Hit counter; bandwidth usage payments; storage grandmastering

From @mcast on Thu Sep 08 2016 21:58:43 GMT+0000 (UTC)

I think there’s a common thread in here, possibly about how a GET request ideally has no side-effects; a pure function of the input request.

  • I wondered whether it’s possible to implement the (very 1990s idea of) a hit counter on a page or other data item.
    • Of course if it’s fetched from a cached copy, then “no” because the “server” (who has it pinned) doesn’t see the second fetch.
    • It’s like HTTP with caching. No surprise yet, except that in http we usually don’t share caches much.
    • If small data is marked with “this is a tiny backwater, pretty-please don’t serve it from your cache” we get back to self-hosting HTTP semantics, where reading the access.log (cf. #122) still means something.
    • Presumably also relevant to advertisers? Will they serve custom one-per-viewer ad images to get round the cache?
  • I wondered how a filecoin thing would give payment for transfers (to third parties). #122 is the wrong side of the transfer.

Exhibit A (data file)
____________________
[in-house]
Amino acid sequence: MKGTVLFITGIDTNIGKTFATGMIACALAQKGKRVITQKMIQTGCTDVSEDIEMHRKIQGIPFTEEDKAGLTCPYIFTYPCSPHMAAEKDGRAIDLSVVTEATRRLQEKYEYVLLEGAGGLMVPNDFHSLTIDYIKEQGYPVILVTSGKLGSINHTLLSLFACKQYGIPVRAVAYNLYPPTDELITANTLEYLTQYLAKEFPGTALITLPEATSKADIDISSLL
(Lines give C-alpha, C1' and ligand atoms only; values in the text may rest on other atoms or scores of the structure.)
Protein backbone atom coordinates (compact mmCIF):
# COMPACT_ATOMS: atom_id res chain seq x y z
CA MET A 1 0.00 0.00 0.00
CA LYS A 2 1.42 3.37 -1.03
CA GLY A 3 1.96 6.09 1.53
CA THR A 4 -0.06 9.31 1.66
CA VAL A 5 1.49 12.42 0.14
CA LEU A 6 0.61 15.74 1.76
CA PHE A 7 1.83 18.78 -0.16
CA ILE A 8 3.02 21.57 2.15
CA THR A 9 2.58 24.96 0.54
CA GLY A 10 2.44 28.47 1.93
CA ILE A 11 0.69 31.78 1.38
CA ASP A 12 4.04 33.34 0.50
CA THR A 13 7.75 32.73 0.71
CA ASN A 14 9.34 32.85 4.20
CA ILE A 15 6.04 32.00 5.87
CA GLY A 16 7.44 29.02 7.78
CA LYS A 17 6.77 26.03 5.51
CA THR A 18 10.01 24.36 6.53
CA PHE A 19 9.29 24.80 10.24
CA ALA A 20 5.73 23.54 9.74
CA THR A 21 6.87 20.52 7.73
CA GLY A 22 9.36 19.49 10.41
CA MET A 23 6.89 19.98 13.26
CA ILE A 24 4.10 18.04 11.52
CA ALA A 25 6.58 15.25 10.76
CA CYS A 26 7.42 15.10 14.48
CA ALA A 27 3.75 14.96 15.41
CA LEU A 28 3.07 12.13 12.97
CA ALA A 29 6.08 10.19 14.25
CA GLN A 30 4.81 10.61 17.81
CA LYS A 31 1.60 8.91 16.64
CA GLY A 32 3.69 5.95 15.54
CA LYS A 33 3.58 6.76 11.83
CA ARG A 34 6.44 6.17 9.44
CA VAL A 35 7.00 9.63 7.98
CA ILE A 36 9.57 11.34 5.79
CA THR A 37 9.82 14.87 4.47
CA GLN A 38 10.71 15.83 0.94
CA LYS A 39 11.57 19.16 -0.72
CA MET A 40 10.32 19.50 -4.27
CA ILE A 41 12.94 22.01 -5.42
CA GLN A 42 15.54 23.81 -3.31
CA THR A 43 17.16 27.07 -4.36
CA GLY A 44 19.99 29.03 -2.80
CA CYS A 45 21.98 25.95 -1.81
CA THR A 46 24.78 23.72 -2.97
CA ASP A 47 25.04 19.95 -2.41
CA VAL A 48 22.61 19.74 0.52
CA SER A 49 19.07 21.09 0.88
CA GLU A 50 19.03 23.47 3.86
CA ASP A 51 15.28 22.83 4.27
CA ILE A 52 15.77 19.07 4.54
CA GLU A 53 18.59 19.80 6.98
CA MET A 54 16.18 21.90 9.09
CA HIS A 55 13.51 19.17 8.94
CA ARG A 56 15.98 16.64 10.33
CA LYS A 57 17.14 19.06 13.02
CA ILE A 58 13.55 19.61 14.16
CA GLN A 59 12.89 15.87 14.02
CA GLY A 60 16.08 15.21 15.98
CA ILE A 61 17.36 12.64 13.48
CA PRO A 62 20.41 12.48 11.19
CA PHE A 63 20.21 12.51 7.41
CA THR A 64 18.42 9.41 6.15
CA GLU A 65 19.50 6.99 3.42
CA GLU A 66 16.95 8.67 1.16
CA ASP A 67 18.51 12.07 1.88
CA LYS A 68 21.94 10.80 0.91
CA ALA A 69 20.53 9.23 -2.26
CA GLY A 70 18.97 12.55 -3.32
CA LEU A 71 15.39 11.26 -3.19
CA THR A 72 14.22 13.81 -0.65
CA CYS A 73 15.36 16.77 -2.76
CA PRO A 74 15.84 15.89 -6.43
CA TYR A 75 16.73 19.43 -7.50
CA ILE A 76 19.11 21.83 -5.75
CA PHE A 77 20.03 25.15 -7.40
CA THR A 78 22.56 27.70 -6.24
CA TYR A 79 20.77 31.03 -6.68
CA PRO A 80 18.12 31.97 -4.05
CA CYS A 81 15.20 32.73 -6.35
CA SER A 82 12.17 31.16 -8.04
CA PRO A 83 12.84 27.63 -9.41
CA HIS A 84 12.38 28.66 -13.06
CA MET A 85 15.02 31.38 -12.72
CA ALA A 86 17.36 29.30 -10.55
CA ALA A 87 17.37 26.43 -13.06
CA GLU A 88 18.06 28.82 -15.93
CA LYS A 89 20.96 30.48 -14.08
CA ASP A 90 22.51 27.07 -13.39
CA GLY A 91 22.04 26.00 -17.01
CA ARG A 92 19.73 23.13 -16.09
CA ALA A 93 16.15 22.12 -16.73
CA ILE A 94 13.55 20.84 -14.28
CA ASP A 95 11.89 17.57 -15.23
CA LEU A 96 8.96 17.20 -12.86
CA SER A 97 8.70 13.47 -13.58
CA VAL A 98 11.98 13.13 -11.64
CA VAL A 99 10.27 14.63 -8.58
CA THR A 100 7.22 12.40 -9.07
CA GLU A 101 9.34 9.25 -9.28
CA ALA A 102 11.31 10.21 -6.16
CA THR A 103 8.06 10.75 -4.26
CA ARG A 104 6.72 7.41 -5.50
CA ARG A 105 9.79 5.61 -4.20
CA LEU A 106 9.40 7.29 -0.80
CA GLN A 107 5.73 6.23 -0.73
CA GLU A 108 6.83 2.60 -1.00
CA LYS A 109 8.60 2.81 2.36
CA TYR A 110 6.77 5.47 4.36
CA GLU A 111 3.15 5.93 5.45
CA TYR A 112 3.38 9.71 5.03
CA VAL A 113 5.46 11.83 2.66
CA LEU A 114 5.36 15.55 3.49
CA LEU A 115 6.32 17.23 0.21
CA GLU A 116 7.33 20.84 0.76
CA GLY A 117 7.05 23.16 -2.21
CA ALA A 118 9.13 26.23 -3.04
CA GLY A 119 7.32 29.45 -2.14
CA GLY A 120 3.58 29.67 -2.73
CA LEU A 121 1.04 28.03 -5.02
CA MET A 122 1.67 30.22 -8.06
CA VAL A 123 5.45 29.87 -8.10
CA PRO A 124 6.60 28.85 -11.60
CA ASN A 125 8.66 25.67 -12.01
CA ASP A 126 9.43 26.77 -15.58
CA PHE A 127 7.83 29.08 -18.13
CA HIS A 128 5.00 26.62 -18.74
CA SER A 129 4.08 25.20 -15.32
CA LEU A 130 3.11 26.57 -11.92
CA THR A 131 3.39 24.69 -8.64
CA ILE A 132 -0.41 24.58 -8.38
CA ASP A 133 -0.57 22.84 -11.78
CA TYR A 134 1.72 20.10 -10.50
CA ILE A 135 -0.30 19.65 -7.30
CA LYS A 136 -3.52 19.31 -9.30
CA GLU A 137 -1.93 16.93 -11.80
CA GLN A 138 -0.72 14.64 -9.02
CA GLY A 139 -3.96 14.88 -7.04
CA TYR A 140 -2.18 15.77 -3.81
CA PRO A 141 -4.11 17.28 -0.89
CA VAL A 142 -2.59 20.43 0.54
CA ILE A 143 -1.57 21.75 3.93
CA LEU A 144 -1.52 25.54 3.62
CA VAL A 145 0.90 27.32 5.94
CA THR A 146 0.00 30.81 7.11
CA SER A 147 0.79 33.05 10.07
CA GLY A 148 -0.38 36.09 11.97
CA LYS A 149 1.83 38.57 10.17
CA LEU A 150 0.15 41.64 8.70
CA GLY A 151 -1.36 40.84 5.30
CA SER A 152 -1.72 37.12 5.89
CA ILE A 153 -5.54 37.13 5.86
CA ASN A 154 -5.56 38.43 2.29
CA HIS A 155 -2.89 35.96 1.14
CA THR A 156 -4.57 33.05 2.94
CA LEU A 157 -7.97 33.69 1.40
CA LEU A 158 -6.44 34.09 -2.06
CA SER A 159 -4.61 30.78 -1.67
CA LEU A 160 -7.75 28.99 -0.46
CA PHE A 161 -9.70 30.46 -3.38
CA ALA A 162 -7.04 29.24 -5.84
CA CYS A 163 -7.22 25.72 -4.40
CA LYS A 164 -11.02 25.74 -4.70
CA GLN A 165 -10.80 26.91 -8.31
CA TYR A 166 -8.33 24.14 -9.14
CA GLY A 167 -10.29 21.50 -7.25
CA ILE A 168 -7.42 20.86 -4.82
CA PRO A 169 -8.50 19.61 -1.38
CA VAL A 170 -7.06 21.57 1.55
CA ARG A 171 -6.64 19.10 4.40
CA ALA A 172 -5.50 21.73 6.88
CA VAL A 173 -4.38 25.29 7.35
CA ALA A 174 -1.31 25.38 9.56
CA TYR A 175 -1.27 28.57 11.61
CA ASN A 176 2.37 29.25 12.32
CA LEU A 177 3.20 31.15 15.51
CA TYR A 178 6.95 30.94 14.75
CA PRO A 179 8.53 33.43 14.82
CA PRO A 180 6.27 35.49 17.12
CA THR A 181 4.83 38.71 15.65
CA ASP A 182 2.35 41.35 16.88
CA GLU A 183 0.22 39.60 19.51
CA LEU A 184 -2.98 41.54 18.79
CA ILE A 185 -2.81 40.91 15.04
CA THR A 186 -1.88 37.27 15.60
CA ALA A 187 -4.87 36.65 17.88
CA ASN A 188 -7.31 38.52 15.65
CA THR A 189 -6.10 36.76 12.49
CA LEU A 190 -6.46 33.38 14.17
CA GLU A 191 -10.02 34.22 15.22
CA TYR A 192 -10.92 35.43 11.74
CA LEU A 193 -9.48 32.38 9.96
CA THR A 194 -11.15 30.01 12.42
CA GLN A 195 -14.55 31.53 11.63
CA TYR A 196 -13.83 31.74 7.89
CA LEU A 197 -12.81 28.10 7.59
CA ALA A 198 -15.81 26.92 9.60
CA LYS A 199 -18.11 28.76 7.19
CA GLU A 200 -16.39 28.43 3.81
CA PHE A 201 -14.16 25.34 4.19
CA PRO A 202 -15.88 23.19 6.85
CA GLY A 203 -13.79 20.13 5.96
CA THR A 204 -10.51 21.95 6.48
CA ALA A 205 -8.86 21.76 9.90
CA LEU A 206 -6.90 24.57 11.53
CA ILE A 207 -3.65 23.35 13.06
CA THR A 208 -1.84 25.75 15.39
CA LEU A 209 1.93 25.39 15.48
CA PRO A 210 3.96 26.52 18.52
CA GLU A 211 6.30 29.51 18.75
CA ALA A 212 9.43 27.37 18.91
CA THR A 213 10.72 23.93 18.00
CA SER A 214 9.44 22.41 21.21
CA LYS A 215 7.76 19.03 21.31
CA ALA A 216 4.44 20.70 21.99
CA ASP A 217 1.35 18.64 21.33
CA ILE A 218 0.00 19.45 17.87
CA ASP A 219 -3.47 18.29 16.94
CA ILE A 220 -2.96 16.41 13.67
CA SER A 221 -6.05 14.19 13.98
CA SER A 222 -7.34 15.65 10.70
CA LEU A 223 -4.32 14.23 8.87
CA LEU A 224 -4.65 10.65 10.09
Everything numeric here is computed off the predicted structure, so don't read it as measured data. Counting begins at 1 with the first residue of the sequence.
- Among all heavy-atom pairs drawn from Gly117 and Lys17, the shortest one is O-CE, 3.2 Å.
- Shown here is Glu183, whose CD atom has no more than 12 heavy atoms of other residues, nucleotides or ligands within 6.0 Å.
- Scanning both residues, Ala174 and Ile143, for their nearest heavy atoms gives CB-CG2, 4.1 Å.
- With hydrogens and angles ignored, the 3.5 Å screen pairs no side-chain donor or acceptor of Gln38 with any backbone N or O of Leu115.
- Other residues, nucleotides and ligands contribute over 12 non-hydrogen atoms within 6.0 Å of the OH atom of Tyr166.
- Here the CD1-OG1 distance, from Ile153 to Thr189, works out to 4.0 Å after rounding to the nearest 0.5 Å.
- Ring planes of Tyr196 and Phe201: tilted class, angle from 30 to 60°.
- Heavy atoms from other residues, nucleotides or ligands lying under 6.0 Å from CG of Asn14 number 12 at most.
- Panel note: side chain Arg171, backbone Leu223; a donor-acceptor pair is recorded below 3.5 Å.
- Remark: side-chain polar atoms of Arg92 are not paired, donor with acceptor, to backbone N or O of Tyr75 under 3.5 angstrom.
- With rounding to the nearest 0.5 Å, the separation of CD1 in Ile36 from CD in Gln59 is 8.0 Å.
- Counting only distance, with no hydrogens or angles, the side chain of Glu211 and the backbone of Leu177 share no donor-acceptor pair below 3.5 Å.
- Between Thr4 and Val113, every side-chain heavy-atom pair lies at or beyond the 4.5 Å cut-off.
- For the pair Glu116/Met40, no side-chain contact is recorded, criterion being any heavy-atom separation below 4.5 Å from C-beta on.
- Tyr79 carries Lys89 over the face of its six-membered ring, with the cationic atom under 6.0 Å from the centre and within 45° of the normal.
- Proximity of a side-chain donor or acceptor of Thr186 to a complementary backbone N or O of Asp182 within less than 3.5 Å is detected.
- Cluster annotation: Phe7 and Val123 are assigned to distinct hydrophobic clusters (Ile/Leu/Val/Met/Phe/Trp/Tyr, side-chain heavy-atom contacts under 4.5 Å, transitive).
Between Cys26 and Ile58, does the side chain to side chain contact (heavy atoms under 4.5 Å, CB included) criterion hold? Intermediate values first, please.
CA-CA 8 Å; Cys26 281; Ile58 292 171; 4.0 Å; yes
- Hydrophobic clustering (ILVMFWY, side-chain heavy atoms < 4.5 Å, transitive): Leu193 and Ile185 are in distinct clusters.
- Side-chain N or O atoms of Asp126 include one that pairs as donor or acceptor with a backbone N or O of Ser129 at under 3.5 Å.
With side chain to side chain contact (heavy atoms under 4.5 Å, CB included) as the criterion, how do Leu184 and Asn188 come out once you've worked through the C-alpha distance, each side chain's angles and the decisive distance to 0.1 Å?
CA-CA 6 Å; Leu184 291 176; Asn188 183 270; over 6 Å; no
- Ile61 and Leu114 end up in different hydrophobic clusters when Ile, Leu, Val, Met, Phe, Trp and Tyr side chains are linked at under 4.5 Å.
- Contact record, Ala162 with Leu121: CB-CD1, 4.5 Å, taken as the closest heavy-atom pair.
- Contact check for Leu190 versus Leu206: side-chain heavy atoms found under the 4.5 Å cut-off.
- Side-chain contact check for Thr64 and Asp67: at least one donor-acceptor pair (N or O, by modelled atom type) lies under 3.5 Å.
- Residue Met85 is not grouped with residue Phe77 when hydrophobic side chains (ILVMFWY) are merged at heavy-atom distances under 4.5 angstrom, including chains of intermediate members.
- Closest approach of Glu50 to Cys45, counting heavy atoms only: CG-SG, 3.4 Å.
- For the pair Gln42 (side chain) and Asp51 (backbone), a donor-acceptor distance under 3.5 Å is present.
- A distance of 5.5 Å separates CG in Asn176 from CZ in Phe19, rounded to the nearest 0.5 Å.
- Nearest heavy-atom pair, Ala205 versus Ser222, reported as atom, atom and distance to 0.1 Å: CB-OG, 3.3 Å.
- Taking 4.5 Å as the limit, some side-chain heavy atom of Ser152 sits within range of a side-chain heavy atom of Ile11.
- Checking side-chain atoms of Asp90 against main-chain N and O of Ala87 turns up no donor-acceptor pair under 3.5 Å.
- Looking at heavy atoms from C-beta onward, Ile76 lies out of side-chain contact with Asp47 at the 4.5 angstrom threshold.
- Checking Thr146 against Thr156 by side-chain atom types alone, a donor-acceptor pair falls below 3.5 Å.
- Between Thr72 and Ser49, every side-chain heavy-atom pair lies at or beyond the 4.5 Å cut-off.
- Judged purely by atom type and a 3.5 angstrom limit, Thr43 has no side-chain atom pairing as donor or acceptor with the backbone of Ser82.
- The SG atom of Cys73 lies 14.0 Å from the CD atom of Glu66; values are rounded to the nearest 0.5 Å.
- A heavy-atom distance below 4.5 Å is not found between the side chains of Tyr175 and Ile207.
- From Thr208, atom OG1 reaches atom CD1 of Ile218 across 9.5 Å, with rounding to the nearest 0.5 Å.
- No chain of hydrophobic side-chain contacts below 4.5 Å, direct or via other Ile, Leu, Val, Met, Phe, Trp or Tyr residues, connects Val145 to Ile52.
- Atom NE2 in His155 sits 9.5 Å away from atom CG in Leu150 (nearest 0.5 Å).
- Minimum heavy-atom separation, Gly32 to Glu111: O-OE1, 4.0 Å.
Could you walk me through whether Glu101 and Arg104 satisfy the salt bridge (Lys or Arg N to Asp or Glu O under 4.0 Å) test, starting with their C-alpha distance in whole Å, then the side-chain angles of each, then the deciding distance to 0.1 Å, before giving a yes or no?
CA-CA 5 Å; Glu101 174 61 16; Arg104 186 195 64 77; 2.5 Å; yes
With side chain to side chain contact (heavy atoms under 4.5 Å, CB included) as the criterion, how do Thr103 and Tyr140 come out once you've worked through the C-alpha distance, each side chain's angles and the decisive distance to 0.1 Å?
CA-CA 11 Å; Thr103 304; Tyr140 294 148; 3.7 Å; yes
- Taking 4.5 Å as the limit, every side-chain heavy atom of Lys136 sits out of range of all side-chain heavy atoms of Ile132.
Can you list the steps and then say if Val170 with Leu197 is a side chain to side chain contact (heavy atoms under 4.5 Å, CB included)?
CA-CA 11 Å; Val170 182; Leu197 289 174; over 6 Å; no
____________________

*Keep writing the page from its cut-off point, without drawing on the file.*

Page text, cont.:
• Then I wondered how, when there are distributed copies, filecoin can even pay (https://github.com/ipfs/faq/issues/93#issuecomment-178945882) for the (n+1)th copy in the face of the grandmaster problem.
    • You couldn’t use response time.
      Suppose the honest disk needs to spin up, or a media robot is fetching the BD-R?
      Meanwhile the cheat is fetching a copy from elsewhere, to hide his N -= 1.
    • Encrypt each paid copy with a different key? Then you can’t use the distributed copies as webserver.

      Copied from original issue: https://github.com/ipfs/faq/issues/177

From @raptortech-js on Tue Dec 06 2016 23:20:03 GMT+0000 (UTC)

Filecoin is out-of-scope here, this repository is about IPFS. In response to you first question, if your use case is aggressively anti-cache, then I don’t know what you aim to gain by using IPFS as opposed to HTTP.